The best places to scuba dive

Aerial photo of Fuvahmulah, Maldives - Photo by Ekmeds Photos

The best places to scuba dive

There are some awesome scuba diving locations on Earth that are breathtaking. Whether you’re a beginner or an experienced diver, there’s a spot out there for you. From pristine reefs to wrecks full of history, here are some of the best places to scuba dive on Earth.

The Maldives

The Maldives is a chain of islands that lies in the Indian Ocean. Made up of 26 atolls and 1,192 coral islands, most of which are uninhabited. The Maldives has a long history of scuba diving and offers some of the best diving locations on earth. The clear water and abundant marine life make the Maldives an ideal place to scuba dive.

The diving conditions in the Maldives are some of the best in the world. The depth ranges from 1-30 meters, and the water temperature is always a comfortable 27 degrees Celsius. The visibility is usually very good, and there is an abundance of marine life to be seen. Some spots are well known for their large quantities of animals like whale sharks and manta rays. This makes the Maldives a popular destination for both novice and experienced divers.

Some of the best dive sites in the Maldives are Maaya Thila, Banana Reef, and Fuvahmulah.


Manta Ray on Maldives - Photo by Tchami
Manta Ray on Maldives – Photo by Tchami

Fuvahmulah is a small town in the Maldives that is teeming with marine life. It is well known for housing one of the biggest population of Oceanic Mantas and Mobulas. Whale sharks, tiger sharks, tresher sharks, hammerheads, mola-molas, humpback, and pilot whales can be seen all together, year round. No wonder why it became one of the top dive spots in the world since its opening to the public in 2017.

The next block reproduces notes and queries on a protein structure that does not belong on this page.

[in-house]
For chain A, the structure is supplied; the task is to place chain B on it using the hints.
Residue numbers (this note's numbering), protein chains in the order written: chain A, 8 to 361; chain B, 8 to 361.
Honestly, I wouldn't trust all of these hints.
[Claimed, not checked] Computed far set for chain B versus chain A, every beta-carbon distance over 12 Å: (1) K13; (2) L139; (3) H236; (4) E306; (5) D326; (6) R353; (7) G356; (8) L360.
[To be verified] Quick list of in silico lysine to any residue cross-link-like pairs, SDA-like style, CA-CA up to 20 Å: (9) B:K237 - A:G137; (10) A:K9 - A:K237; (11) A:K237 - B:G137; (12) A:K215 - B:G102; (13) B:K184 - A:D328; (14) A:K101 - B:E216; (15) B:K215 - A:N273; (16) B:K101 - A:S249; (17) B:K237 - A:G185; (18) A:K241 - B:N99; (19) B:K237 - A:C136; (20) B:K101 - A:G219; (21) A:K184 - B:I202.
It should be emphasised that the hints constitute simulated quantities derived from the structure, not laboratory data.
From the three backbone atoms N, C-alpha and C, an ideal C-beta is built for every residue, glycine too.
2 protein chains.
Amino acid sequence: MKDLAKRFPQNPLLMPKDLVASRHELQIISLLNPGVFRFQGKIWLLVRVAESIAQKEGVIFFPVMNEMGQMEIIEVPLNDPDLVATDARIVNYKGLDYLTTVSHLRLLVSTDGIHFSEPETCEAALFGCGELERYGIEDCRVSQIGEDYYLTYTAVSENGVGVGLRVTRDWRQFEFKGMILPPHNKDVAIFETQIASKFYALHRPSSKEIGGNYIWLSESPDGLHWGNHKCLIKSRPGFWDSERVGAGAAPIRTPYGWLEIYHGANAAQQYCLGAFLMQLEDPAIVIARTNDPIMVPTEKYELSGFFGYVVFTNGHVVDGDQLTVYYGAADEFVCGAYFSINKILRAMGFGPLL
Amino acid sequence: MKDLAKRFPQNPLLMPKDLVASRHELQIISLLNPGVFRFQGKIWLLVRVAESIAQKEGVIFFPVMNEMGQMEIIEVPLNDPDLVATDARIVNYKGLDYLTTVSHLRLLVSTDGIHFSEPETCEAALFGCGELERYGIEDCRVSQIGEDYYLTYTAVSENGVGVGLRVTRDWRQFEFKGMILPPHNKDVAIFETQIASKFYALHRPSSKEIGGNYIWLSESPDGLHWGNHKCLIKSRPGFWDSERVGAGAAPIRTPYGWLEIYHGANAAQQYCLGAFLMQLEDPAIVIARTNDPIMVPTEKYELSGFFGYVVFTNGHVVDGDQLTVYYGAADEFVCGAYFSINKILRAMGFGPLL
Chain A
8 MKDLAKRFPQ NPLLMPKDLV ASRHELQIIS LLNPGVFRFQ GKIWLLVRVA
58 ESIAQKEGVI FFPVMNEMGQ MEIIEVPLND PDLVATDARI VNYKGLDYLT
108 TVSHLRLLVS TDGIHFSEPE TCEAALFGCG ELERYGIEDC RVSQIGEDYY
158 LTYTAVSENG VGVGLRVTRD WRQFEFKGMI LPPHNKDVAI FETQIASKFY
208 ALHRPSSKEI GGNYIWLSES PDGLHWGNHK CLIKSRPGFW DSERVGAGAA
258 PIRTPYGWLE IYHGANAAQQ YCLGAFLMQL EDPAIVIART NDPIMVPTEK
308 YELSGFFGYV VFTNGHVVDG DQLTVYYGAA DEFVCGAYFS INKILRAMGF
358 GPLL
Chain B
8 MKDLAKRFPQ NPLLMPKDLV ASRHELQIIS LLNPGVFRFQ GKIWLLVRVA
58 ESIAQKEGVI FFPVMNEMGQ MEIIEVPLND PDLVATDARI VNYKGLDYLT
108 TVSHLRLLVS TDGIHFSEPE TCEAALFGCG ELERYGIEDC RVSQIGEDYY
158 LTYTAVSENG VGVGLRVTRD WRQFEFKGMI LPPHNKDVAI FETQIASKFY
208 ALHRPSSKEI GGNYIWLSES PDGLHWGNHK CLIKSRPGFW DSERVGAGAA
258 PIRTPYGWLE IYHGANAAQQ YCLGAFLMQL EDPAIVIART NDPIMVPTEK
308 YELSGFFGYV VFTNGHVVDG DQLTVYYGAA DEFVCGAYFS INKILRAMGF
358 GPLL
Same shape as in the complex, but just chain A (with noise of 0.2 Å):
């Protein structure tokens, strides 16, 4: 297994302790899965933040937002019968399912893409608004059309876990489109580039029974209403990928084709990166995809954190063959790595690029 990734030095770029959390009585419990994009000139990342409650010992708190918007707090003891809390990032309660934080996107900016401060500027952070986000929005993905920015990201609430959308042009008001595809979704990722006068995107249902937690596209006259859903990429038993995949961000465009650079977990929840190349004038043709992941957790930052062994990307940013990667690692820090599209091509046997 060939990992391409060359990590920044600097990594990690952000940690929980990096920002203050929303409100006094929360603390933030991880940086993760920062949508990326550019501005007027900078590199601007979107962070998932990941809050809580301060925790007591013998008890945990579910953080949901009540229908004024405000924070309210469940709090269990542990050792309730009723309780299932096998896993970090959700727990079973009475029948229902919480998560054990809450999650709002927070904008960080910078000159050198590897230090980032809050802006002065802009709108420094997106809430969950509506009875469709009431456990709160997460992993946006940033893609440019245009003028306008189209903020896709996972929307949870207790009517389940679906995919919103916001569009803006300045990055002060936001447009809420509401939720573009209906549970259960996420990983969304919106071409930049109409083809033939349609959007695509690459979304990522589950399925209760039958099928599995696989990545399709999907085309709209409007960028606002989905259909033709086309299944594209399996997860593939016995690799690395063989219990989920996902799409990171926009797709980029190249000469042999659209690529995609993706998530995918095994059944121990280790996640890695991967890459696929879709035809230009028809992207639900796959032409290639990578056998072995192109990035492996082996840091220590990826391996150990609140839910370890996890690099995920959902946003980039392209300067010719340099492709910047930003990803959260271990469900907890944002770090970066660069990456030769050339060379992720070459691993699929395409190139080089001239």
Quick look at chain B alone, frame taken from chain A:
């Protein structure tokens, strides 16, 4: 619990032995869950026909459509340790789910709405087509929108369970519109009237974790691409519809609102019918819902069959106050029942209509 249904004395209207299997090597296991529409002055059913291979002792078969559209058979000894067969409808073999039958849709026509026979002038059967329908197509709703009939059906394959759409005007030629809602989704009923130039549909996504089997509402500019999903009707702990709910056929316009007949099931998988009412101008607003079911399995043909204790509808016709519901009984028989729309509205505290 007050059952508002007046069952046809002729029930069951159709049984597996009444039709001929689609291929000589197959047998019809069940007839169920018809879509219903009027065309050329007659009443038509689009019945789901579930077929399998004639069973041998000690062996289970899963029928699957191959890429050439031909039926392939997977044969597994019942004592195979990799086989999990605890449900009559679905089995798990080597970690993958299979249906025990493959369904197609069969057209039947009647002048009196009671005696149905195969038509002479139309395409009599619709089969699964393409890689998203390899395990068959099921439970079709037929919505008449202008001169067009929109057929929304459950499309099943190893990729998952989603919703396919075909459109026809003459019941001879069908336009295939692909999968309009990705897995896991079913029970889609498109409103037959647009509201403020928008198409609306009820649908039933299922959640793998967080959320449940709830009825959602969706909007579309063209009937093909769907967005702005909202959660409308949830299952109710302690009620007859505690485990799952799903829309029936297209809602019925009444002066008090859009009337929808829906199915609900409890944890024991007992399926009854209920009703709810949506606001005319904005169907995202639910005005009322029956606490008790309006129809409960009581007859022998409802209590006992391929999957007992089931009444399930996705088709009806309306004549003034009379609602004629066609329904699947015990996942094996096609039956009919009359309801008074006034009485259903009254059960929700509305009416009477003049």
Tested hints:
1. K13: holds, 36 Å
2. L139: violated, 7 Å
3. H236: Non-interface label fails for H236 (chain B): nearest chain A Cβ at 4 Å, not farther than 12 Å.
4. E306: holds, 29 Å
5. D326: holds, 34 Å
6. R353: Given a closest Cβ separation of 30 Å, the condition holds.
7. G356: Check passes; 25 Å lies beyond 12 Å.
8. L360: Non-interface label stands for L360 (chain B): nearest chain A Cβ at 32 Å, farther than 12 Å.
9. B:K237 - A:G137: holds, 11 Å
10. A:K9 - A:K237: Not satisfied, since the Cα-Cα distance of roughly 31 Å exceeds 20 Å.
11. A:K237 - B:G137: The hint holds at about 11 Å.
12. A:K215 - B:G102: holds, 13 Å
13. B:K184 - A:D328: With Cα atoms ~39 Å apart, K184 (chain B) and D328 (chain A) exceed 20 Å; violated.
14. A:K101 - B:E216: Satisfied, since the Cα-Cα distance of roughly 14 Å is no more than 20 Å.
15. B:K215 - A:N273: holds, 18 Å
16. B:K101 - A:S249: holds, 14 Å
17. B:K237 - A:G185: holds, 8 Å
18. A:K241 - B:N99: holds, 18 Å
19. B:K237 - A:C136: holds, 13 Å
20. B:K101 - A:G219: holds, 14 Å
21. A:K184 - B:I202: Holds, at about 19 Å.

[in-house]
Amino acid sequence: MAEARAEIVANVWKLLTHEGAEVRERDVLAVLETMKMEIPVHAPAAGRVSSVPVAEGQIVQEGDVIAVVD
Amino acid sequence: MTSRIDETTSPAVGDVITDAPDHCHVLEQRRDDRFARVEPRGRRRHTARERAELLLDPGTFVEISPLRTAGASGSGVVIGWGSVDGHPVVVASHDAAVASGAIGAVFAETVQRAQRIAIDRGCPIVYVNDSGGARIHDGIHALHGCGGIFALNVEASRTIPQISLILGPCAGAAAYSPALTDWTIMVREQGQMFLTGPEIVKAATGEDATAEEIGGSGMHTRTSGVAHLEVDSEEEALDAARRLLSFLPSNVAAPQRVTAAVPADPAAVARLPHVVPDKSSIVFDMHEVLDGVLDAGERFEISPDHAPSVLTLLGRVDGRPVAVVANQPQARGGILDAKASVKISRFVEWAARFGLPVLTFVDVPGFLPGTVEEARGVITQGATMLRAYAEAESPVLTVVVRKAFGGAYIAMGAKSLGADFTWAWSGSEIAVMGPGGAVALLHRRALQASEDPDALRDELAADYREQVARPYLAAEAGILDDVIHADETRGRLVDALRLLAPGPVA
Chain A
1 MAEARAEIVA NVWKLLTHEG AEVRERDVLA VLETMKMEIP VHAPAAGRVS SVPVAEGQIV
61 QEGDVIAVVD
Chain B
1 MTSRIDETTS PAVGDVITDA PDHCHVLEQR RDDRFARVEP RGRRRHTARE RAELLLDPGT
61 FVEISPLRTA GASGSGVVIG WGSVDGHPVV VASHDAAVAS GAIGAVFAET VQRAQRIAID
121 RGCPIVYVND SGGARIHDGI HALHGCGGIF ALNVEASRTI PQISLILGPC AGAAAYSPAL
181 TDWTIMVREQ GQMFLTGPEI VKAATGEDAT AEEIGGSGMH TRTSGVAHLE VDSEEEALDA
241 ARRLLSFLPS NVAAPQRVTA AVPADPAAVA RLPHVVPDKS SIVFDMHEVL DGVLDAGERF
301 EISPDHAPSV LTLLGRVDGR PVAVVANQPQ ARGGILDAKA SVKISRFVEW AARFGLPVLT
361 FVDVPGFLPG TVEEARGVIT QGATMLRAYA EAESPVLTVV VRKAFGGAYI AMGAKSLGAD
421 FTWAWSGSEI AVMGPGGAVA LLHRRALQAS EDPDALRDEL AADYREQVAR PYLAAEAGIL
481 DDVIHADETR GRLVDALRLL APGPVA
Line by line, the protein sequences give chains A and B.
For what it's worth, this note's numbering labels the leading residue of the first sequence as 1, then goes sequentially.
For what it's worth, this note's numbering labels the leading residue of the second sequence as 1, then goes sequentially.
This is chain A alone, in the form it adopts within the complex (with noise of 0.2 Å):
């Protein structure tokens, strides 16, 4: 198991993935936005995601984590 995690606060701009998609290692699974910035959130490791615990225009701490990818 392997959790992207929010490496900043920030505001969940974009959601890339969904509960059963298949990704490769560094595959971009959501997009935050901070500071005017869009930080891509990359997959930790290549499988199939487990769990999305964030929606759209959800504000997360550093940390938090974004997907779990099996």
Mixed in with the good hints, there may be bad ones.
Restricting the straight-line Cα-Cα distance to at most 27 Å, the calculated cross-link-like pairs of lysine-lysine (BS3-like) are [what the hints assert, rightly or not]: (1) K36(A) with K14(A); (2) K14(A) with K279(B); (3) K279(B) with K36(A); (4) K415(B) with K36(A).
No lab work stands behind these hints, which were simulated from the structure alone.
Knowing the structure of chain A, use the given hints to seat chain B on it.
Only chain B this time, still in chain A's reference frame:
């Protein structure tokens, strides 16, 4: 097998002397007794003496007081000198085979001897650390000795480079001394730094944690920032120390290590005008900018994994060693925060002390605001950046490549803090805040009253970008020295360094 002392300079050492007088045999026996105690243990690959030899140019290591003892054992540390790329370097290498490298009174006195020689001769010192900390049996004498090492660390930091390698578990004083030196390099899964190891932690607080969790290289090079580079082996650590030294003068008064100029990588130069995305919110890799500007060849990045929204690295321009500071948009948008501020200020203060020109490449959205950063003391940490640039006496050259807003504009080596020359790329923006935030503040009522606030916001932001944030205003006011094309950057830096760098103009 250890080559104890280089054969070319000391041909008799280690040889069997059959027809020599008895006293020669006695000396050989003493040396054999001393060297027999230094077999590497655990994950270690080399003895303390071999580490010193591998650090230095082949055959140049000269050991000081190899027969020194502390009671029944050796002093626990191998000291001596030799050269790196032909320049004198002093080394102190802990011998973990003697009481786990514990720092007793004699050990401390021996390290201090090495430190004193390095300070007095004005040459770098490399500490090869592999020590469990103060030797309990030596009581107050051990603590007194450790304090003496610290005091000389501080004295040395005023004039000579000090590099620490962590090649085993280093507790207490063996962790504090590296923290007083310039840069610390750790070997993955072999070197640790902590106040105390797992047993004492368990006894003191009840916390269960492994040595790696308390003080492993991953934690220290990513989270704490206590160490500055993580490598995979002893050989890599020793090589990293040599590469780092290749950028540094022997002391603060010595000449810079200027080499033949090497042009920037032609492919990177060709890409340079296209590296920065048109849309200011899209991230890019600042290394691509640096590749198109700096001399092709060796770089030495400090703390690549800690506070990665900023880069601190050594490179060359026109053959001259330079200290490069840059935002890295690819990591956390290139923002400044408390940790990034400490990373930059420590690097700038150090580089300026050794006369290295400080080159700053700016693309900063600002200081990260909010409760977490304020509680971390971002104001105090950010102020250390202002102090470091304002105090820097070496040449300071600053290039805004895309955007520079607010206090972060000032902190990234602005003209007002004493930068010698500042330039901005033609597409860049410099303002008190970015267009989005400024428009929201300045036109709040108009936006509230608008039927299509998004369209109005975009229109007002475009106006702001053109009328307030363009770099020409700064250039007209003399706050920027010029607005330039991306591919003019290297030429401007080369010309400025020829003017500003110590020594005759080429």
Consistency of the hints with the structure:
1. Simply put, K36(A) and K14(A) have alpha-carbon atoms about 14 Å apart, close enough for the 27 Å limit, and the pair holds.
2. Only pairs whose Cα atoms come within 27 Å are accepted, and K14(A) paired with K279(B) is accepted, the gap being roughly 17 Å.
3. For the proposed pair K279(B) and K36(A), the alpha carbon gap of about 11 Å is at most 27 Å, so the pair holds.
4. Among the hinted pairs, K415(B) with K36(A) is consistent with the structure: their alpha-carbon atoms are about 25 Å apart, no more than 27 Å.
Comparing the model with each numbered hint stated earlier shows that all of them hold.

Maaya Thila

Maaya Thila is one of the most popular dive sites in the Maldives. The Thila is a pinnacle that rises from the depths to just below the surface, making it perfect for both diving and snorkeling. Made of colorful corals, both soft and hard, sea fans, and teeming with reef life. These coral gardens are home to a wide variety of marine life, including stonefishes, triggerfishes, clownfish. When diving the Maaya Thila, keep an eye open for sharks that can be found in deeper areas.

Banana Reef

Named after its curved shape, Banana Reef was one of the first places in the Maldives to attract divers. In the protected marine area you will see cliffs and overhangs, shielding barracudas, snappers, and groupers below.

Barracudas Point, Sipadan, Malaysia

Divers have long considered Sipadan Island one of the best scuba diving destinations in the world. It became famous because of Jacques Cousteau, and not without a reason.